England head coach Stuart Lancaster insists only the final stage of the Ryder Cup can compare with Saturday's climactic round of the RBS 6 Nations.
The race for the title has been reduced to three teams, with Wales and Ireland competing against the Red Rose to be crowned champions on an afternoon of three staggered kick-offs.
Favourites England will conclude the schedule knowing the points target they must hunt down against France at Twickenham to end a sequence of three successive runners-up finishes.
Lancaster believes the golfing showpiece contested by Europe and the United States every two years is the only sporting occasion that can match the drama created by the Six Nations' refusal to synchronise the last instalment of games.
"I can't think of another situation in sport where you'd go into it with this points differential that can affect the psychology, so it is different from a World Cup," Lancaster said.
"The only scenario I can think of that is similar is the final day of the Ryder Cup when you're ahead or behind when the singles are coming.
"It's that sort of feeling. It will tell us a lot about the players, but it is a pretty unique situation as well."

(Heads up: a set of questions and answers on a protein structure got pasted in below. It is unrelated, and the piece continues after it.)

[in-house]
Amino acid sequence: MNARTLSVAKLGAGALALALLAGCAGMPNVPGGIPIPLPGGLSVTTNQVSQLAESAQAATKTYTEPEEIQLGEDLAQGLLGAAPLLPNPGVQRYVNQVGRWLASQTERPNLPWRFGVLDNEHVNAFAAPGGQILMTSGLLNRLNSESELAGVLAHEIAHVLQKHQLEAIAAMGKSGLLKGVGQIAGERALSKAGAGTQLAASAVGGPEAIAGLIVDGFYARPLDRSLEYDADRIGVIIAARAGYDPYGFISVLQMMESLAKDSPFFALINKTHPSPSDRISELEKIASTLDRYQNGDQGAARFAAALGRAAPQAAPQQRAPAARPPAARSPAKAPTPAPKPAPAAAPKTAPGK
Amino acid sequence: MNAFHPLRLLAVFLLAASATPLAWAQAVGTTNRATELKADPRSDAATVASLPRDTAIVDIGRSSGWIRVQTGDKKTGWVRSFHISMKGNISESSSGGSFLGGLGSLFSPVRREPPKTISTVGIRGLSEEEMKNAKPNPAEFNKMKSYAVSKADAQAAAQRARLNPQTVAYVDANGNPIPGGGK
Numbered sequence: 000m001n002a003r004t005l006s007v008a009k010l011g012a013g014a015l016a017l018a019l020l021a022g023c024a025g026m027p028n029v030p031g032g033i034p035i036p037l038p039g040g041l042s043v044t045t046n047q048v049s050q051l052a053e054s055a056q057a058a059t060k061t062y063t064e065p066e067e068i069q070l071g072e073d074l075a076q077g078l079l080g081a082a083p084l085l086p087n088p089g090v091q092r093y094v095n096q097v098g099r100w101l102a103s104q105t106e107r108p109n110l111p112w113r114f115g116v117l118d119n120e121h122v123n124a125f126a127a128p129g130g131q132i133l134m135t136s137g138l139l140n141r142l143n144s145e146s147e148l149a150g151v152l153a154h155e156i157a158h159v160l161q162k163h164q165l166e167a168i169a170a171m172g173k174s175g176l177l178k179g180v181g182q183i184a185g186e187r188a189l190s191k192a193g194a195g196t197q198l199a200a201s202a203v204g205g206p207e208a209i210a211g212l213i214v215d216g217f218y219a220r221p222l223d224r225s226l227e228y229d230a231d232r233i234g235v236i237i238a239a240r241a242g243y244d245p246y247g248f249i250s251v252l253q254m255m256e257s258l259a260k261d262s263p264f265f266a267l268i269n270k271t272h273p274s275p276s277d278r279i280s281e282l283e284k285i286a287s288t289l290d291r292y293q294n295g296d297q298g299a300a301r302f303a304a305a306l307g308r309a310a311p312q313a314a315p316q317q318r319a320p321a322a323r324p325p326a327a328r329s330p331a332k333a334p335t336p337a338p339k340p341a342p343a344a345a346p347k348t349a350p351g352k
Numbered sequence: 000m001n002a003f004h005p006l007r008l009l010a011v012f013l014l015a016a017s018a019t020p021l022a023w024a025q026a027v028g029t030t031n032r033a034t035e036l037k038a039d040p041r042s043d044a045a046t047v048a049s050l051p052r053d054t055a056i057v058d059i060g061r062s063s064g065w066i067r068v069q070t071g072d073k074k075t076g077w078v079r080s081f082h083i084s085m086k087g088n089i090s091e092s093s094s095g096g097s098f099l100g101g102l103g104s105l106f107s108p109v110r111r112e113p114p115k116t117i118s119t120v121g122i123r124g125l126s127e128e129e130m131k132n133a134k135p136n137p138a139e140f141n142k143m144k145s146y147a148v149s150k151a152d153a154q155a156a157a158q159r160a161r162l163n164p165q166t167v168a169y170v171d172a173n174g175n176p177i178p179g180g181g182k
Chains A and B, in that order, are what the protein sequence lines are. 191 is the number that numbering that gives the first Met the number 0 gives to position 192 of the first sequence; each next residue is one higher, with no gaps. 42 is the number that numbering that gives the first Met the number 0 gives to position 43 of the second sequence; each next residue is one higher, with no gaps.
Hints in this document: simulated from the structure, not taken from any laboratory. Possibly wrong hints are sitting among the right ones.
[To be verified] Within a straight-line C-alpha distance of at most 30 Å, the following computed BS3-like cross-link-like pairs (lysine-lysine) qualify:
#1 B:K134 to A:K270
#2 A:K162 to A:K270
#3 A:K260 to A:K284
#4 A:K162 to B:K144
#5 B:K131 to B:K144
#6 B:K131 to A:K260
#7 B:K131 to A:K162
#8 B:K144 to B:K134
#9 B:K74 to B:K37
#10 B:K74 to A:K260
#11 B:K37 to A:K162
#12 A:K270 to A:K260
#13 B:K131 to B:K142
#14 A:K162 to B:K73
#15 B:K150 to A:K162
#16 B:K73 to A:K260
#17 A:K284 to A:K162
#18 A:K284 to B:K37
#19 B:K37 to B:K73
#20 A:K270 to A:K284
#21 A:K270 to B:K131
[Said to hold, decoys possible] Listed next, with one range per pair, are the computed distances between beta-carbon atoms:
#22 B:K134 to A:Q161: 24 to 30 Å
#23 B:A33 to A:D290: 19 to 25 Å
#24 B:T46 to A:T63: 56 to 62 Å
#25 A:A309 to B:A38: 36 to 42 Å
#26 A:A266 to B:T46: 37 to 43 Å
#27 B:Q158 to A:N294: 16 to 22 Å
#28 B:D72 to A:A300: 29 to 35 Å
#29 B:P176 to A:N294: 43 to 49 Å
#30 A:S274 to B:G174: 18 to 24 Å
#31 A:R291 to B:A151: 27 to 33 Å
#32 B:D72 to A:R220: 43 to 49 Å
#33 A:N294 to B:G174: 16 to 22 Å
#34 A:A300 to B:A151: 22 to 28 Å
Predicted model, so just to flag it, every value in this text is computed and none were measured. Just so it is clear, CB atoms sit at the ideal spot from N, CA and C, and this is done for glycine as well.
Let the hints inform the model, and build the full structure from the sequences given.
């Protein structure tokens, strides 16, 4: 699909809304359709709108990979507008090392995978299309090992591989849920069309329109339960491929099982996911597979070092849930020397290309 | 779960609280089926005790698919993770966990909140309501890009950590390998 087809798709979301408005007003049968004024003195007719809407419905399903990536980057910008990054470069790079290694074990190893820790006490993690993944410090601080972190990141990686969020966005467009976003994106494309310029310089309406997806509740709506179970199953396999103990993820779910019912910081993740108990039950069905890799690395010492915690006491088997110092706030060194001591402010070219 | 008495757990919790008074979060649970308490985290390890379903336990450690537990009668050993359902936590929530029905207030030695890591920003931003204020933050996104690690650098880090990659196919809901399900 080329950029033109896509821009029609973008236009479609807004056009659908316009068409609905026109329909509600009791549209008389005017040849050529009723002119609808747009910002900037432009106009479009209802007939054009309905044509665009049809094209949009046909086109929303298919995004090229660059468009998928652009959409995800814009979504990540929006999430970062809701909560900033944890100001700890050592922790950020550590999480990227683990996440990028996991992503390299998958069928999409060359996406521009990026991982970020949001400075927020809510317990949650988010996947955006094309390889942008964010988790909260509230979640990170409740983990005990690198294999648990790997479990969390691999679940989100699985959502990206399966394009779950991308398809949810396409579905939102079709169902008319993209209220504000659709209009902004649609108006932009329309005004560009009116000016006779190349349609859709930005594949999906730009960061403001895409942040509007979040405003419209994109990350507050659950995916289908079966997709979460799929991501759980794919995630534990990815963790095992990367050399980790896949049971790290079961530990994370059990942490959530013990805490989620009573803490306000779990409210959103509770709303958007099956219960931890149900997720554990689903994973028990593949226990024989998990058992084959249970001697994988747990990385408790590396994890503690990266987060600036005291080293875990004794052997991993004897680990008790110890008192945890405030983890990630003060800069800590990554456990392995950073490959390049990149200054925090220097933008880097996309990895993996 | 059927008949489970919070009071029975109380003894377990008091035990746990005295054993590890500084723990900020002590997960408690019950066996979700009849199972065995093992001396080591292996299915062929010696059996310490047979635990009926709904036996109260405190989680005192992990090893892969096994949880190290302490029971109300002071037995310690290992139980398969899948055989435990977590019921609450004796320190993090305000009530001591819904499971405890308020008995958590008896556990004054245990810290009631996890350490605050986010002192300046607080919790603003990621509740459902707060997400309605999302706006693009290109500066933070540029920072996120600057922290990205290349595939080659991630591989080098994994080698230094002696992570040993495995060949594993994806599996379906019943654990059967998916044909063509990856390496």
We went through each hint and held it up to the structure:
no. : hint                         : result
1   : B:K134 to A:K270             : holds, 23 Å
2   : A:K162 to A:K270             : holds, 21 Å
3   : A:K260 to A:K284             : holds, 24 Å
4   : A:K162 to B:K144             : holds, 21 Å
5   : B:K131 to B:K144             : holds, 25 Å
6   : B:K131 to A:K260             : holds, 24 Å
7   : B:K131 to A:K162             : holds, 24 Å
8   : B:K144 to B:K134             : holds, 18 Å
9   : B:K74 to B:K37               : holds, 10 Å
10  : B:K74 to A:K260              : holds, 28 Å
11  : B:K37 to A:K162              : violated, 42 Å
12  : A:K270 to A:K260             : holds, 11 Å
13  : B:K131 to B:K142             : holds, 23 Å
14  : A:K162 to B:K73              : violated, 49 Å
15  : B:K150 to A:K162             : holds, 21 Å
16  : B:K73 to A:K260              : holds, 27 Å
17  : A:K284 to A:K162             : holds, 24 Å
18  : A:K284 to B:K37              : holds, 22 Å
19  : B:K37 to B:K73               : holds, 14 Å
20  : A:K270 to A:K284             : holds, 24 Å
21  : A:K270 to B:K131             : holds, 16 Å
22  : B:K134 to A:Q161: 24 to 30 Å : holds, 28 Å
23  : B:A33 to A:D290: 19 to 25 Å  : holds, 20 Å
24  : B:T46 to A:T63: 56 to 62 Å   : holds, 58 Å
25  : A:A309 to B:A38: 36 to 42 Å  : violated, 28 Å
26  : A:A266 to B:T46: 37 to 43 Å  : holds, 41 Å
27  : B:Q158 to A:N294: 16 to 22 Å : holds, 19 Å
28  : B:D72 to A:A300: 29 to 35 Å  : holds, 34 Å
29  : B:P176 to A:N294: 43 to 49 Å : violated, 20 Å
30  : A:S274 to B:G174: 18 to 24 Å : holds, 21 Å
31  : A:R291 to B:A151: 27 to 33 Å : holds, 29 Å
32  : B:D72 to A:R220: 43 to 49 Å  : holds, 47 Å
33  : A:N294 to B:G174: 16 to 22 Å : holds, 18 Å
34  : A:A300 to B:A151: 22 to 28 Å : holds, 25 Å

England enter the final day with a points advantage of plus four and it is in the context of how Wales and then Ireland, who travel to Rome and Edinburgh respectively, perform that Lancaster must prepare his team.
"I have thought long and hard about the psychology of how you deal with your own players," Lancaster said.
"There are only so many players who need to be involved in the key decisions. The rest of the players have been given a simple message - you go all-out for the win and you don't stop until 80 minutes is up.
"The key to begin with is not to chase the game too early. We have to go out there to perform and win the game, then we'll deal with whatever circumstances come along as we go."
Lancaster has made one change to his starting XV after promoting Geoff Parling from the bench at the expense of Dave Attwood.
Parling has called for England to stand up and be counted as they seek to claim a first title since 2011.
"These sort of games are when you probably see a team's character," Parling said.
"We know there is a lot of pressure on it and we shouldn't hide away from that. We said at the start of the tournament: we have got to win it. We've come second for three years running.
"We messed up a bit in two games again, but we've got a chance here to put things right and win it.
"These are the games you want to play in, the games you want to show your character as a player, as a pack, as a team."